Track an object in space

Get the code


The skies above us are filled with satellites, many of which enrich our science and understanding of the Earth with data about the weather, climate, natural phenomena, and human activity. We can find and monitor some of these satellites easily by building a web UI that uses tools such as Node-RED and IBM Watson Assistant. This code pattern demonstrates how to do just that, explaining how to build the web UI — and providing a foundation for any developer to build and improve on.


Looking into space from Earth, you can see stars, planets, and the occasional passing overhead of the International Space Station. But, Earth’s orbit is actually crowded with thousands of satellites that you can’t see with the naked eye. So, what do you do if you want to track them? Easy. You build your own web UI.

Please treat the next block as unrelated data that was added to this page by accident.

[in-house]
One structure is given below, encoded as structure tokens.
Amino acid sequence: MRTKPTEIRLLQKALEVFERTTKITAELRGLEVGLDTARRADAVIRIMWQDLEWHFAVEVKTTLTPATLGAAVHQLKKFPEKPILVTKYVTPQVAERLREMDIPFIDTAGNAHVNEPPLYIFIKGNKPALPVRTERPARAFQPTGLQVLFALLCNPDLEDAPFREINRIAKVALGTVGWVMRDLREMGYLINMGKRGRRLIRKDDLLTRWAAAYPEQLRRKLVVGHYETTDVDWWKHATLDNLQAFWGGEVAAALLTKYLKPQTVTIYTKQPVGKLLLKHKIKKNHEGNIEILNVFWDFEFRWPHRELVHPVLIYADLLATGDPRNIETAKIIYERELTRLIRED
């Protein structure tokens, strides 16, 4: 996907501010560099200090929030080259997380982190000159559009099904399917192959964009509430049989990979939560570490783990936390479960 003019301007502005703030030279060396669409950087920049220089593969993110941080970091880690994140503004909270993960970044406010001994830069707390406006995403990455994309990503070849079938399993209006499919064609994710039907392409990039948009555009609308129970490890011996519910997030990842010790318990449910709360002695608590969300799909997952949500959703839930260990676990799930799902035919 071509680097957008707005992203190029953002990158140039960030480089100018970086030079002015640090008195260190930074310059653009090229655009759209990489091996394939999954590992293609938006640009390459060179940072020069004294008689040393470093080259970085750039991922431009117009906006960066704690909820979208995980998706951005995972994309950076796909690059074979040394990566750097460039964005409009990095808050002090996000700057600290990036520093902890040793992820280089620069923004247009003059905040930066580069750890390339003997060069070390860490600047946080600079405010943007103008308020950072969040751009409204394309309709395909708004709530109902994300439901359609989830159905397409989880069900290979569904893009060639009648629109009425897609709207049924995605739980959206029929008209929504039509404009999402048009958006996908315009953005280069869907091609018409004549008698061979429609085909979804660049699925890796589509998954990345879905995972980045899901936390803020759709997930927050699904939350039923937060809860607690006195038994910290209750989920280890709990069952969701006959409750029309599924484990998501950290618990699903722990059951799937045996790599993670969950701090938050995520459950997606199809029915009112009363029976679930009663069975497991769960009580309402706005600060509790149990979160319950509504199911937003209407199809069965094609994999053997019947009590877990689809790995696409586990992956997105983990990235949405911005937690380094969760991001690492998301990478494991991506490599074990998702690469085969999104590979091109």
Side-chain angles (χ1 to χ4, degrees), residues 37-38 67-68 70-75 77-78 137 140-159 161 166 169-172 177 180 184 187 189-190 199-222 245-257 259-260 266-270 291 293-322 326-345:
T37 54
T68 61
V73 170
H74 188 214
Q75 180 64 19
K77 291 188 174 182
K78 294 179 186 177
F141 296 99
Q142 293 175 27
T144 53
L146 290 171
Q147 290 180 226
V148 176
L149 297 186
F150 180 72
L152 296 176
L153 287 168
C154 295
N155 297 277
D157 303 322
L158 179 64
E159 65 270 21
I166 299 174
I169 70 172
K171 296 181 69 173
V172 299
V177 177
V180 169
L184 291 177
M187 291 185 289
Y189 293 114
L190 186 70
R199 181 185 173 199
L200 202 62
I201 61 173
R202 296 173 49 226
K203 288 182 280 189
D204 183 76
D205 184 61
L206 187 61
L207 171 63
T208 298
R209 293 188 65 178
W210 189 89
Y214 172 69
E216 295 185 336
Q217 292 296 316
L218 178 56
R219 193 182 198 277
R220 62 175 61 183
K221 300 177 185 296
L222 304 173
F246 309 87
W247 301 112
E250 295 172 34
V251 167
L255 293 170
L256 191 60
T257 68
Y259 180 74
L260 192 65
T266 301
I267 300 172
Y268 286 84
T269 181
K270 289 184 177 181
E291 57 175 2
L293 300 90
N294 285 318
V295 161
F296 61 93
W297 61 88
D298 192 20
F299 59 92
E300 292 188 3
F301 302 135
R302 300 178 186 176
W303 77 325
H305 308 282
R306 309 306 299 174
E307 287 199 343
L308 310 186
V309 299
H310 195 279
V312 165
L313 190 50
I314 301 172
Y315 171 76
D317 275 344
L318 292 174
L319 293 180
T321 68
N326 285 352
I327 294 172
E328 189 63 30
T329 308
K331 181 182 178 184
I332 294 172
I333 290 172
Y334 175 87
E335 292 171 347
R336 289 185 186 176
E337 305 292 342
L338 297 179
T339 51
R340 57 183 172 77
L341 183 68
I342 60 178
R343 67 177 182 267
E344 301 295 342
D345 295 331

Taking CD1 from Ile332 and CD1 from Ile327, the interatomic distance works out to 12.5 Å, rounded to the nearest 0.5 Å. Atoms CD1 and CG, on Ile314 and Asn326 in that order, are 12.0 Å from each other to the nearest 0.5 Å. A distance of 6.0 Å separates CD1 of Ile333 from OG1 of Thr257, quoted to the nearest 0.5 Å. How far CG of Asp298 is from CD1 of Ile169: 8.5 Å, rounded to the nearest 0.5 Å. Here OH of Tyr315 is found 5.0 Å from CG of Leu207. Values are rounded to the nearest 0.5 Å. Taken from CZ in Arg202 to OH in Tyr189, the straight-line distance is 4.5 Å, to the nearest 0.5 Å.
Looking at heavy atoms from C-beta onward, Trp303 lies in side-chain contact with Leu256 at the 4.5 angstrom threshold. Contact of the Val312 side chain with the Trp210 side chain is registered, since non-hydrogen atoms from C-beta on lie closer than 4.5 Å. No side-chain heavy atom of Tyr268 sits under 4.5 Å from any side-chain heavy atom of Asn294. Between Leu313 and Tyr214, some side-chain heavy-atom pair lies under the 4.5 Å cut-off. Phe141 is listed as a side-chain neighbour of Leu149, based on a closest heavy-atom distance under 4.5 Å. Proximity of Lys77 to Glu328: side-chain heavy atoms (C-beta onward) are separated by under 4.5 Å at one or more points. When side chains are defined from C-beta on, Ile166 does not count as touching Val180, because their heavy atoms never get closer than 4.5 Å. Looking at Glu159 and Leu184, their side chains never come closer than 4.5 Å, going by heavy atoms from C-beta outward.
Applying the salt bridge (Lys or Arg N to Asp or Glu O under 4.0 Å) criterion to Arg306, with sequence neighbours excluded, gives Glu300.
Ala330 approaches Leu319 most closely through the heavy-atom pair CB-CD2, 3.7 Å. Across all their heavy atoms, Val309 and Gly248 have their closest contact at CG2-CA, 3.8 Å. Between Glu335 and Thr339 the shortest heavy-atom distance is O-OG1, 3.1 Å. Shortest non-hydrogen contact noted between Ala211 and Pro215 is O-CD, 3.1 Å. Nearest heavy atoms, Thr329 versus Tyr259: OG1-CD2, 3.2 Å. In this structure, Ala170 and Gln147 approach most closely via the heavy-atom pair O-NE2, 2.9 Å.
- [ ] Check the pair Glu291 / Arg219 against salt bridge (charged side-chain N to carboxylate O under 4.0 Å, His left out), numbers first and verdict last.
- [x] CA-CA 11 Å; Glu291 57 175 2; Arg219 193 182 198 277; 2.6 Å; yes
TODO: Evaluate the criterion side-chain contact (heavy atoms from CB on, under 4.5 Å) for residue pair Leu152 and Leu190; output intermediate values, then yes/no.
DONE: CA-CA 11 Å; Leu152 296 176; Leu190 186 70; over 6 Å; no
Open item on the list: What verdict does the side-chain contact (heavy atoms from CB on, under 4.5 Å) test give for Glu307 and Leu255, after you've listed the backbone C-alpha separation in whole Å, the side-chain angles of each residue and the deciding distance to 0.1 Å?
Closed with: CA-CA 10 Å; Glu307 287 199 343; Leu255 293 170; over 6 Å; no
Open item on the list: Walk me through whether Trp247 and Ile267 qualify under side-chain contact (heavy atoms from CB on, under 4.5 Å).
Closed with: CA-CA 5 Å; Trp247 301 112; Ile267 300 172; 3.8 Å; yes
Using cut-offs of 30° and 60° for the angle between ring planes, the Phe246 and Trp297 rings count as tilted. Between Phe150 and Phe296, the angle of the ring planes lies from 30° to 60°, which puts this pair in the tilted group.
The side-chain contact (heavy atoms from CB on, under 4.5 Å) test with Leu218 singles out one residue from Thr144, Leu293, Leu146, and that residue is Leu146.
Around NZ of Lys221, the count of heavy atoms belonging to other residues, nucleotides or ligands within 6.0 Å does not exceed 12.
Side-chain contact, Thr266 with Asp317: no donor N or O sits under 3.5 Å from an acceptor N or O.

This code pattern shows you how to build a satellite tracker that uses Node-RED and IBM Watson technologies. The web UI accesses a Node-RED app that runs on IBM Cloud, processes the information, performs HTTP requests, and returns position information from satellites orbiting the earth. Additionally, a flow is created for connecting a Watson Assistant chatbot with a node-red-contrib-satellites node, as well as a web UI and world map node.

When you have completed this code pattern, you’ll understand how to:

  • Build a complex flow and web UI using simple Node-RED tools.
  • Implement a chatbot with Watson Assistant and embed it on a web page with Node-RED.
  • Get satellite information for the International Space Station (ISS) and use it in a web app.



  1. Interact with web UI to ask the chatbot “Where is the ISS?”
  2. The web UI communicates with Node-RED running on IBM Cloud.
  3. The Node-RED app running on the cloud processes the information and performs HTTP requests.
  4. Satellites orbiting the earth send position information that is streamed to the Node-RED module.


Ready to put this code pattern to use? Complete details on how to get started running and using this application are in the README.